Verse I.51

From Buddha-Nature
Ratnagotravibhāga Root Verse I.51

Verse I.51 Variations

दोषागन्तुकतायोगाद् गुणप्रकृतियोगतः
यथा पूर्वं तथा पश्चादविकारित्वधर्मता
doṣāgantukatāyogād guṇaprakṛtiyogataḥ
yathā pūrvaṃ tathā paścādavikāritvadharmatā
E. H. Johnston as input by the University of the West.[1]
ཉེས་པ་གློ་བུར་དང་ལྡན་དང་། །
ཡོན་ཏན་རང་བཞིན་ཉིད་ལྡན་ཕྱིར། །
ཇི་ལྟར་སྔར་བཞིན་ཕྱིས་དེ་བཞིན། །
འགྱུར་བ་མེད་པའི་ཆོས་ཉིད་དོ། །
Since it is adventitiously associated with flaws
And since it is naturally endowed with qualities,
Its true nature of being changeless
Is the same before as after.
諸過客塵來 性功德相應

真法體不變 如本後亦爾

Vu le caractère adventice de ses défauts
Et le caractère naturel de ses qualités,
Telle elle était, telle elle sera
L’essence du réel est immuable.

RGVV Commentary on Verse I.51

Other English translations[edit]

Obermiller (1931) [5]
It is possessed of occasional defects
And of virtuous properties relating to its essence;
But in the initial and in the subsequent states
It remains the unalterable Absolute.
Takasaki (1966) [6]
Being possessed of faults by occasion,
It is, however, endowed with virtues by nature;
Therefore it is of unchangeable character
In the beginning as well as afterwards.
Fuchs (2000) [7]
Having faults that are adventitious
and qualities that are its nature,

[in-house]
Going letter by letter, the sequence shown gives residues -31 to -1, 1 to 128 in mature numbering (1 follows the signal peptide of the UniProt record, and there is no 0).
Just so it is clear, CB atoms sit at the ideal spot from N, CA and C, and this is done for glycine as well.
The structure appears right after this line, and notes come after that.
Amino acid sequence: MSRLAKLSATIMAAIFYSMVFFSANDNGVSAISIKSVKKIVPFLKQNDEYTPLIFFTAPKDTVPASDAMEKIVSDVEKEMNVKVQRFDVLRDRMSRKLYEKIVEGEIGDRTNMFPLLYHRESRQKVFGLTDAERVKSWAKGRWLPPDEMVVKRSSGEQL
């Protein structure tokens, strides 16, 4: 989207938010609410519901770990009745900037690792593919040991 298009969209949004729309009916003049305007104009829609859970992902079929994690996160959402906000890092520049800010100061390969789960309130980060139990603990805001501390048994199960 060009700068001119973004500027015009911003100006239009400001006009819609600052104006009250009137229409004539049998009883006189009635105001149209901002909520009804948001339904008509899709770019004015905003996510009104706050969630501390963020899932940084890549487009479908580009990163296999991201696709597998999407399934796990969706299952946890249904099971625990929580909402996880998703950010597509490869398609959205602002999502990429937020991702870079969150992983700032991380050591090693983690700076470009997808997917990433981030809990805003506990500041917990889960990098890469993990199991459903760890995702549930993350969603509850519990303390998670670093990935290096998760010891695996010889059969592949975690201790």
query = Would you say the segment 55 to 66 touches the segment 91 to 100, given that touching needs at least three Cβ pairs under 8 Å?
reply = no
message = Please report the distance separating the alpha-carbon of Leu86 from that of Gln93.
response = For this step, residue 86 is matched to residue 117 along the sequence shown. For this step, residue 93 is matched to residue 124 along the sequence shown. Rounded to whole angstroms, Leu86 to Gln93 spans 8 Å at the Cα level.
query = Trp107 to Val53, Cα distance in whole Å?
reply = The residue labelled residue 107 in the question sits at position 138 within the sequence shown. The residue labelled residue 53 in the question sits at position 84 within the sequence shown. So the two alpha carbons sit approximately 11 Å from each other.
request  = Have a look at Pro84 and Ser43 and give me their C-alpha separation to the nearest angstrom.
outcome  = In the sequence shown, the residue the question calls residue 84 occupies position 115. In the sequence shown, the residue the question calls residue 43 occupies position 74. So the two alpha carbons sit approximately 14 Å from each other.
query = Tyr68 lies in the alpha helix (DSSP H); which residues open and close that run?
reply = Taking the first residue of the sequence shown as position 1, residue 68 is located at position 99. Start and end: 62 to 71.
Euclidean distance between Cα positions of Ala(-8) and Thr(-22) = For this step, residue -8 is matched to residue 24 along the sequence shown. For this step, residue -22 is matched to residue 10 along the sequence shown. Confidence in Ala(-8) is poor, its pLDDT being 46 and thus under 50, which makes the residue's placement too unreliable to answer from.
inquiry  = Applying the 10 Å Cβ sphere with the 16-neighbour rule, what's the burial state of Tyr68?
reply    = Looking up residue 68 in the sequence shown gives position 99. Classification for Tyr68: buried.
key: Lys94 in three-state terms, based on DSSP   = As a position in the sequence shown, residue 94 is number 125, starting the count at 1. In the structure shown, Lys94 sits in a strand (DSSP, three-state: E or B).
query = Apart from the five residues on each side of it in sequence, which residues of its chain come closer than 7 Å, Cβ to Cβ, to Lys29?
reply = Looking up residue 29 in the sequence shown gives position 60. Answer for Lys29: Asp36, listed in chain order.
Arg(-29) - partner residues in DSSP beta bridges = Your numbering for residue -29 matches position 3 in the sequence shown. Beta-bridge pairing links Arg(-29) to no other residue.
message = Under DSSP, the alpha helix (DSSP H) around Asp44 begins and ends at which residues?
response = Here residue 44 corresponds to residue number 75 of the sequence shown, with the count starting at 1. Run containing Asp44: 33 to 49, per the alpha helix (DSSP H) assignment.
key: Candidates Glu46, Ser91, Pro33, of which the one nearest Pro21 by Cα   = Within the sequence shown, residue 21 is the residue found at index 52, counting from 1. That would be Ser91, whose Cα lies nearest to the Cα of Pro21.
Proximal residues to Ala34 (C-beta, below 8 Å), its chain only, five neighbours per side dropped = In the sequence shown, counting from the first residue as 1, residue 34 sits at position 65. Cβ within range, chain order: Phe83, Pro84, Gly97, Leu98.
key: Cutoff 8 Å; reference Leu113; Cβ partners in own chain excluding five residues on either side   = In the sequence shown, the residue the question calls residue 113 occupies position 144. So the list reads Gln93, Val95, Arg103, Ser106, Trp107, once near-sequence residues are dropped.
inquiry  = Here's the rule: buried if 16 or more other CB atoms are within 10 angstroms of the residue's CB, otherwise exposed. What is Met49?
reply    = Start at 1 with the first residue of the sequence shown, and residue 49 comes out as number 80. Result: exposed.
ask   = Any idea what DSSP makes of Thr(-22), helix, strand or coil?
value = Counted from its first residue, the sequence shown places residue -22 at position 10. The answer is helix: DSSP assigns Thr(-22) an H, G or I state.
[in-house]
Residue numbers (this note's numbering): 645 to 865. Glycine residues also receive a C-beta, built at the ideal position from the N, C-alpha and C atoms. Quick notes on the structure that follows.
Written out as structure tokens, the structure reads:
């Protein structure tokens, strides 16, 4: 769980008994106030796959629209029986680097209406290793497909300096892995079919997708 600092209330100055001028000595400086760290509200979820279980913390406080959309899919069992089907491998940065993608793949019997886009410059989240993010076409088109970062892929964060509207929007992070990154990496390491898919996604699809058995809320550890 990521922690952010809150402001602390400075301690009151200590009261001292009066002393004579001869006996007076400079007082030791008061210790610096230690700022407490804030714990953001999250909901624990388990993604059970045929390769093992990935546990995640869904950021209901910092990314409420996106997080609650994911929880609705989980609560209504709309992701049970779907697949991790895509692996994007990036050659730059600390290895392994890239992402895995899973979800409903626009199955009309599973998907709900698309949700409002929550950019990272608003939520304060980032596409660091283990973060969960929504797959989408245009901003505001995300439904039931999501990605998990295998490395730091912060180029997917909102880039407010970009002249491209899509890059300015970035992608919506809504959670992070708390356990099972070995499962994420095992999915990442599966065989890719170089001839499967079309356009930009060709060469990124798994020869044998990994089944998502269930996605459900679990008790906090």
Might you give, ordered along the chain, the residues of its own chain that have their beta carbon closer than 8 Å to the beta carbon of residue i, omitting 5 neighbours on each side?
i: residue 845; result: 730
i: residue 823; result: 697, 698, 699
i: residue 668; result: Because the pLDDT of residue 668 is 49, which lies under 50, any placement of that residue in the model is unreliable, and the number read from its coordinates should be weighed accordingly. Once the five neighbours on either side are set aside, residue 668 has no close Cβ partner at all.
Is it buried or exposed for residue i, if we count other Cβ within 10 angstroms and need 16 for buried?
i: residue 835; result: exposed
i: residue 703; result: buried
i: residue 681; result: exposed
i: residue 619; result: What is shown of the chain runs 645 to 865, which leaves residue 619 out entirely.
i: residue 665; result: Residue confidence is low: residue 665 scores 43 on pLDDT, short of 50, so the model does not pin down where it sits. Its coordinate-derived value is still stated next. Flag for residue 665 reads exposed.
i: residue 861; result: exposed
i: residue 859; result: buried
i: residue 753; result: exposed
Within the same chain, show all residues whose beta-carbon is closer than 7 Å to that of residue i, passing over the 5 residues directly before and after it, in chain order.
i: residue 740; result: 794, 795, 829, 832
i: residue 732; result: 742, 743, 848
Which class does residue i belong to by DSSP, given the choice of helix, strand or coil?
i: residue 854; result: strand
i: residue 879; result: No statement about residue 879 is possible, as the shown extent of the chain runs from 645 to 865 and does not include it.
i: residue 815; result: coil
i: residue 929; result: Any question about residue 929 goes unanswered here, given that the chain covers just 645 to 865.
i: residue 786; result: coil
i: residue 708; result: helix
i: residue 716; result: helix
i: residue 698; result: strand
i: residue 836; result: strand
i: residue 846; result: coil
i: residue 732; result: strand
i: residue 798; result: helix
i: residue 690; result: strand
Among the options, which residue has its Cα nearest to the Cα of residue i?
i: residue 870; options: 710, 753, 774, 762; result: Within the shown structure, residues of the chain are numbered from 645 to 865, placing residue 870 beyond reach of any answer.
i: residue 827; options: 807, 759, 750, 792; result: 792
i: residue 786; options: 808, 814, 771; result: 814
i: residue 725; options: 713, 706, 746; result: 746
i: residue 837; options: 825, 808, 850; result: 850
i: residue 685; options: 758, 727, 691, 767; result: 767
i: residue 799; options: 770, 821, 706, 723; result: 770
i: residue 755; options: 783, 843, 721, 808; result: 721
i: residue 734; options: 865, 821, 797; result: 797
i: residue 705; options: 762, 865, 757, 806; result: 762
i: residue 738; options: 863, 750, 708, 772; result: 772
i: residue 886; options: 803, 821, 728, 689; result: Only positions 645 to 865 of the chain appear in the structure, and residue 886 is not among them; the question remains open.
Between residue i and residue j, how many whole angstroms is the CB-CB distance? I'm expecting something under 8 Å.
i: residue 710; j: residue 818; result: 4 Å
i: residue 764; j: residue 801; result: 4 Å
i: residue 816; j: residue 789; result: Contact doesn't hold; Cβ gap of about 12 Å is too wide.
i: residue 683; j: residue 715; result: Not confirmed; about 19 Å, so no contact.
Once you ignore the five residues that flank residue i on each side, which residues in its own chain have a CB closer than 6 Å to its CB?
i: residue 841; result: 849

it is afterwards the same as before.
This is dharmata ever unchanging.

Textual sources[edit]

Commentaries on this verse[edit]

Academic notes[edit]

  1. Digital Sanskrit Buddhist Canon Unicode Input
  2. Brunnhölzl, Karl. When the Clouds Part: The Uttaratantra and its Meditative Tradition as a Bridge between Sūtra and Tantra. Boston: Snow Lion Publications, an imprint of Shambhala Publications, 2014.
  3. VT (fol. 12v6) glosses "[can]not be realized as being divisible" as "they do not part from a tathāgata."
  4. The references to the number of verses about the changelessness of buddha nature in each one of its three phases are rather confusing here since the twelve verses I.52–63 on the phase of its being impure are followed by two further verses (I.64–65) that elaborate on them. The one verse about its phase of being both impure and pure is then I.66, which is followed by twelve more explanatory verses (I.67–78). Finally, the one verse about its phase of being completely pure is I.79, again followed by four commentarial verses (I.80–83).
  5. Obermiller, E. "The Sublime Science of the Great Vehicle to Salvation Being a Manual of Buddhist Monism." Acta Orientalia IX (1931), pp. 81-306.
  6. Takasaki, Jikido. A Study on the Ratnagotravibhāga (Uttaratantra): Being a Treatise on the Tathāgatagarbha Theory of Mahāyāna Buddhism. Serie Orientale Roma 33. Roma: Istituto Italiano per il Medio ed Estremo Oriente (ISMEO), 1966.
  7. Fuchs, Rosemarie, trans. Buddha Nature: The Mahayana Uttaratantra Shastra. Commentary by Jamgon Kongtrul and explanations by Khenpo Tsultrim Gyamtso. Ithaca, N. Y.: Snow Lion Publications, 2000.